Tula: A Fighter For Freedom
Tula: A Fighter For Freedom

The slave trade
Tula is a historic individual who is revered in Curaçao as a national hero. He was a slave who led a revolt on the island that became the largest slave revolt in the history of the Dutch Caribbean. To tell his story we must first put it into context.

Starting in the 17th century Dutch traders were actively involved in the Transatlantic Slave Trade which brought slaves of African descent to the Americas and the Caribbean. These slaves were treated as objects that could be owned and were often given severe punishments if they behaved or did anything that displeased their white European owners. These punishments included beating them with a stick or locking them up in isolation for several days.

These slaves were often branded and sold at auctions, separating them from their family and friends. They were captured in West-African countries and transported to this region in inhumane conditions, chained with no indication of where they were going. Many died under these conditions and some committed suicide. The Dutch made Curaçao, their colony, a center for this trade of captured African slaves in the region and also sold these slaves to slave owners on the island. Here they either conducted hard manual labor on the plantation fields, helped with services in the house, were handmaidens or looked after the owners’ children.

At the end of the 18th century, however, there occurred two historic events that shook the foundations of this system of slavery. The first took place in France in 1789 when the French proclaimed, at the culmination of the French Revolution, that all people are free on the basis of the principles of liberty, equality and fraternity. The second took place in 1791 in Haiti, where slaves across the island nation united and began a successful revolt against their French masters. The latter served as a large source of inspiration for the slaves in Curaçao and the former had a profound impact on the inner dynamics of the island. The reason for its profound impact was due to the fact that at that time the Netherlands was under French dominion and in 1795 Curaçao’s governor received word from the Dutch government to free the slaves on the island. He did not do this but the slaves received news of these developments and started becoming restless.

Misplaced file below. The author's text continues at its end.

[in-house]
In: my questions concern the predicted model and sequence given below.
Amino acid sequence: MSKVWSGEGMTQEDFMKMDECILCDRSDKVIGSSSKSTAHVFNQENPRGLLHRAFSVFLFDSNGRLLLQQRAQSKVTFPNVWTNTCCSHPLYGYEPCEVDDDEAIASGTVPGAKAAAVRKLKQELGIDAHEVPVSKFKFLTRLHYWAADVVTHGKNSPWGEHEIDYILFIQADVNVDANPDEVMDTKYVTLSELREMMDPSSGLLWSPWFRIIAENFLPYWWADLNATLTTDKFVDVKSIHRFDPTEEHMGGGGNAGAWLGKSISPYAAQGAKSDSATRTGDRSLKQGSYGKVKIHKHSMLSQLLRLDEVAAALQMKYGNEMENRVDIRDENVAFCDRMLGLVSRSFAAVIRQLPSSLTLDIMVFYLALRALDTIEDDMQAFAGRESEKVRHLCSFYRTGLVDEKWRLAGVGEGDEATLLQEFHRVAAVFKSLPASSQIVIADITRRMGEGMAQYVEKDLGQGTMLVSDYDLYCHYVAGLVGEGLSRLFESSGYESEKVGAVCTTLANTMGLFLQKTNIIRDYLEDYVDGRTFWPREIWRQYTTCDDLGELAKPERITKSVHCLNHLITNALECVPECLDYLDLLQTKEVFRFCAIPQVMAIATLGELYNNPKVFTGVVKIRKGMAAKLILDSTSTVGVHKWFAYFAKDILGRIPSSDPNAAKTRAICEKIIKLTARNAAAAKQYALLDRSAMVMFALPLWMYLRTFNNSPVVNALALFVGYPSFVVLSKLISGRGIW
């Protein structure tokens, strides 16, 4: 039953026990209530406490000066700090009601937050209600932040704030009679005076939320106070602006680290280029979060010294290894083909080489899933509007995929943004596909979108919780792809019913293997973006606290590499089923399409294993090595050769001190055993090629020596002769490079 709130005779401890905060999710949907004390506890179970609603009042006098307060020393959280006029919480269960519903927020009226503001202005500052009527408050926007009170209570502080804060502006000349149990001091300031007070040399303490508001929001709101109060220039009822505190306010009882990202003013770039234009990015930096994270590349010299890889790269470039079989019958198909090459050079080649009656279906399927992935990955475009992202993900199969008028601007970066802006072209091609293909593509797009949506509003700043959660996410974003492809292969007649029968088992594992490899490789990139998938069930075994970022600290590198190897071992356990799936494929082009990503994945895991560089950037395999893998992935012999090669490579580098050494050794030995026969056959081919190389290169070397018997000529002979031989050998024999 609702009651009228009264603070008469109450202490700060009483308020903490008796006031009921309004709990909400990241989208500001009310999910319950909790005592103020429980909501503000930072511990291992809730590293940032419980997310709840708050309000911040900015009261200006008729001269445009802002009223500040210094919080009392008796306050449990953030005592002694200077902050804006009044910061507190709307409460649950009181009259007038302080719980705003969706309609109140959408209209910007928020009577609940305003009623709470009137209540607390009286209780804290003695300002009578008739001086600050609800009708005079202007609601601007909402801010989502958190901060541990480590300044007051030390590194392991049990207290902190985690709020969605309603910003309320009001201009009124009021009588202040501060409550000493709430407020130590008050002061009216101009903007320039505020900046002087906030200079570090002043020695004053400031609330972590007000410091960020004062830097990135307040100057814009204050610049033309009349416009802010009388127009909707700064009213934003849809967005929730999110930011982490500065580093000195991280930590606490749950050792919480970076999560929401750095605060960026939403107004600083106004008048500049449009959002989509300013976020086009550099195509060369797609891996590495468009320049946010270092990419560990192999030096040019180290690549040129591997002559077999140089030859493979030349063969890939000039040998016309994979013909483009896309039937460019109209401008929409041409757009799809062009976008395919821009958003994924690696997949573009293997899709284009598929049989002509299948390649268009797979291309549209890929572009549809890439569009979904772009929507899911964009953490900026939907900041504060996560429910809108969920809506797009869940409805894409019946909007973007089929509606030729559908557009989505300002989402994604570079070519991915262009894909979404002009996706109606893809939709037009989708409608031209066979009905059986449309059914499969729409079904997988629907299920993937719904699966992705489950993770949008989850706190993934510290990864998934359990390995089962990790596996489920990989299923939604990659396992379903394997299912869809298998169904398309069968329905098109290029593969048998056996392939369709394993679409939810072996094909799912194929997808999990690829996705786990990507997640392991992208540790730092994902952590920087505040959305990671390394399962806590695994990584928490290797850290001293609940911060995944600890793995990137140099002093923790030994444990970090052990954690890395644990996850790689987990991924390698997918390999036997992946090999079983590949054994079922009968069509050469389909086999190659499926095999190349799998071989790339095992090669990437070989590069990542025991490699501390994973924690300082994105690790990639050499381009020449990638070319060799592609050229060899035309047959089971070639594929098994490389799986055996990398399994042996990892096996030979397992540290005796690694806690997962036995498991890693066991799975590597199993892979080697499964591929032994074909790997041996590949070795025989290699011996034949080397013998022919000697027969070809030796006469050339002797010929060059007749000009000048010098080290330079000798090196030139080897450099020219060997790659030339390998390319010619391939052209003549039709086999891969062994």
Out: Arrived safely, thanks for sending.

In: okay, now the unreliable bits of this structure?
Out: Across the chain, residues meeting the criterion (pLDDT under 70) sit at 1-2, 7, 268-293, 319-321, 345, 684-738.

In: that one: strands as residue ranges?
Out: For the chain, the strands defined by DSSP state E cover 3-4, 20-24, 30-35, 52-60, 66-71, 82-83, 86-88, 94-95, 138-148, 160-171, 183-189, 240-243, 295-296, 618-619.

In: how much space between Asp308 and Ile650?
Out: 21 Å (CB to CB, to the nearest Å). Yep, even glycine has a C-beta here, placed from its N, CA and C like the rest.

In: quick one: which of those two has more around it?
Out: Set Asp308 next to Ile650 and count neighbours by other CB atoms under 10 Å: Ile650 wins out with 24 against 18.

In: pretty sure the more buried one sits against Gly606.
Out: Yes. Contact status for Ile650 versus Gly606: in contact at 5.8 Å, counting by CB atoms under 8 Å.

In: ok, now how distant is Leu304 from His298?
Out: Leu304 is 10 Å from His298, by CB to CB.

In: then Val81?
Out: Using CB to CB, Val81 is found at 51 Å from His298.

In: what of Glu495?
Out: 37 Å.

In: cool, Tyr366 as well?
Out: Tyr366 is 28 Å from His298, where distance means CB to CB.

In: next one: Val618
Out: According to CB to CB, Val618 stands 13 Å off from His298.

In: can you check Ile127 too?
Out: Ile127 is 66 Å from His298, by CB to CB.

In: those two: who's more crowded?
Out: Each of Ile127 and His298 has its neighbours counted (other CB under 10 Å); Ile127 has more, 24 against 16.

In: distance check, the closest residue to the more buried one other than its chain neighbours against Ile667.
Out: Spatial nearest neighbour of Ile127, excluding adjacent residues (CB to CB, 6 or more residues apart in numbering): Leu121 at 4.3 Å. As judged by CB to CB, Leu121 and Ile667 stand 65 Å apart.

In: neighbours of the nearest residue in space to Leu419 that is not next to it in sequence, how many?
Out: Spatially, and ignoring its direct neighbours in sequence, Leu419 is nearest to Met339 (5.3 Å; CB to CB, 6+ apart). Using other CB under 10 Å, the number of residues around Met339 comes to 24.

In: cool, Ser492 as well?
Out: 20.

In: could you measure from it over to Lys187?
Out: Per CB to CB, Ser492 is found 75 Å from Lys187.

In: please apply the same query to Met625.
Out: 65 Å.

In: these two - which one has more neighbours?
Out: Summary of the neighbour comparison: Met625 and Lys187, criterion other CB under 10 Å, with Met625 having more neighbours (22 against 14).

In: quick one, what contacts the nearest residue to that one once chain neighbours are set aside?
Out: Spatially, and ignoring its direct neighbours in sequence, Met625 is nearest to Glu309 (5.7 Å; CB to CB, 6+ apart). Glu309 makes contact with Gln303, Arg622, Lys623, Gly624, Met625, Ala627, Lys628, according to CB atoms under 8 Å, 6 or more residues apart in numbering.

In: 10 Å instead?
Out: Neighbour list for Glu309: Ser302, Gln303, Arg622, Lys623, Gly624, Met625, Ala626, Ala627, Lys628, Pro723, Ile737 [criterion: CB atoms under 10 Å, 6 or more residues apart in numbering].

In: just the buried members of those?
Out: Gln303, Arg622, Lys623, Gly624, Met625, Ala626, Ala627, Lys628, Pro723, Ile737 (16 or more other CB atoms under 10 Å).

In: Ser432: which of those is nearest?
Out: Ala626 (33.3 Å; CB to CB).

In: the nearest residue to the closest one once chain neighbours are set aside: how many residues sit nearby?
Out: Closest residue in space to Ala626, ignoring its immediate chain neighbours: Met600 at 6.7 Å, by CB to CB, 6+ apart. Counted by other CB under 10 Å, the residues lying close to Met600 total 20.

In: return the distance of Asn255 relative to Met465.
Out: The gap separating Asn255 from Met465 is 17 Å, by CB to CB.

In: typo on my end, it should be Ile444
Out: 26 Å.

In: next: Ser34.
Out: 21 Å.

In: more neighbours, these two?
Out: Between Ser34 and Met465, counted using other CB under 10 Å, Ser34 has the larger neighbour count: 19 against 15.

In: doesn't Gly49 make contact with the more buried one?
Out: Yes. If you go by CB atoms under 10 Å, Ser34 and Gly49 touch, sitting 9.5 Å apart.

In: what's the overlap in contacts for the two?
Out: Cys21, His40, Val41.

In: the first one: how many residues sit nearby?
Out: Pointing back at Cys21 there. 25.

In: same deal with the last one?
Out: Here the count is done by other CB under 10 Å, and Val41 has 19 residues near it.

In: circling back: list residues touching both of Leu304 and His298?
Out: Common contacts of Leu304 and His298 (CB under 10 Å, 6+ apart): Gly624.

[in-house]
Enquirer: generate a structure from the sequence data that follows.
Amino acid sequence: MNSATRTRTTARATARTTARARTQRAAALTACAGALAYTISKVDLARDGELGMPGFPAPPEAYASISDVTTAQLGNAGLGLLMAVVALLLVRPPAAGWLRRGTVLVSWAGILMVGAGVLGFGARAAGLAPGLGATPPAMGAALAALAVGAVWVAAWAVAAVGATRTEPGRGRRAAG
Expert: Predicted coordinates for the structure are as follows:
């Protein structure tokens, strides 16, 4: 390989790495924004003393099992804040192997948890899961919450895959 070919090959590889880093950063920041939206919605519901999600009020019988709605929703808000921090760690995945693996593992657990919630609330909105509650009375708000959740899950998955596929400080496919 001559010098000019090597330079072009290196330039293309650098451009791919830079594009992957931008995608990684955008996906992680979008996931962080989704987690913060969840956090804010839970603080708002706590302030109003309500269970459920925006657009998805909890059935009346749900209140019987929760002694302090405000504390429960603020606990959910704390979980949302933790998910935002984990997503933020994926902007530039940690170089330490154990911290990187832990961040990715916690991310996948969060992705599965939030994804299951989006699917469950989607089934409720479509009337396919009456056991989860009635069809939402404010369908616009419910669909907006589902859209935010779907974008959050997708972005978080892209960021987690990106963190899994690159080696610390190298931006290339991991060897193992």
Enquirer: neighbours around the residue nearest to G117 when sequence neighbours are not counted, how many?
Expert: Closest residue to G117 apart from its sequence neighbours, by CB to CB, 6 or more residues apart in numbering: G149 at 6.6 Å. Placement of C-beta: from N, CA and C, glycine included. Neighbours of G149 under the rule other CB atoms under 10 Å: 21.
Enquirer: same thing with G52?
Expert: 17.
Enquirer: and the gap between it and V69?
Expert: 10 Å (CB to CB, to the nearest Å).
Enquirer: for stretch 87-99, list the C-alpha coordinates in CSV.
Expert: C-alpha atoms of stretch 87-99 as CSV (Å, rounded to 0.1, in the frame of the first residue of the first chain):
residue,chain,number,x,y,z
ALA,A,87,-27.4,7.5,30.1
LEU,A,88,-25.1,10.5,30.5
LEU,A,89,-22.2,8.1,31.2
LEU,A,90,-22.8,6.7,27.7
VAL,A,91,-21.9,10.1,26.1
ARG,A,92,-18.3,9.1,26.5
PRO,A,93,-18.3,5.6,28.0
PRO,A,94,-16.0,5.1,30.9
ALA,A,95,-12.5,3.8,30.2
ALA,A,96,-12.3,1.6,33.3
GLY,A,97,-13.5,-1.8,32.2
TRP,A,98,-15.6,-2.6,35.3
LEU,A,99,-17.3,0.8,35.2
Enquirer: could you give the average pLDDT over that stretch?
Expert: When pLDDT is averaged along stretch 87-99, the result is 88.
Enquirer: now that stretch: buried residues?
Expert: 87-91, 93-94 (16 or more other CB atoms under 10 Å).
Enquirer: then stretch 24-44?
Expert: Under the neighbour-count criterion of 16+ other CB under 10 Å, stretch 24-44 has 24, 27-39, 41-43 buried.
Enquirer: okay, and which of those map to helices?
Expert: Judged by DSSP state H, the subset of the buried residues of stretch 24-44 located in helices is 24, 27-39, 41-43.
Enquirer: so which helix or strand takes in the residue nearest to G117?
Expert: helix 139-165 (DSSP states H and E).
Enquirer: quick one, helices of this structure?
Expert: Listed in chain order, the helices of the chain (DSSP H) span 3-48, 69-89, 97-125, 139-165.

The accounts of the revolt
Tula was among the slaves who were aware of the changes in Europe and the region and on August 17th, 1795, he led a group of slaves in Banda Bou (the Westside of the island) who went on strike and marched to the governor’s residence in Willemstad to demand their freedom.

In the work titled “Slavenopstand op Curaçao 1795 (Slave revolt in Curaçao 1795)”, which is a publication of Curaçao’s National Archive under supervision of renowned Curaçaoan historian Alejandro Paula, Tula is initially depicted as a brutal criminal and the leader of a band of bandits, arsonists and murderers. It is stated that he himself declared that all of these crimes took place on his orders. He also allegedly declared that he had the intention of killing every white person who lived on the island and thereafter install a government consisting of only of people of color with himself as governor.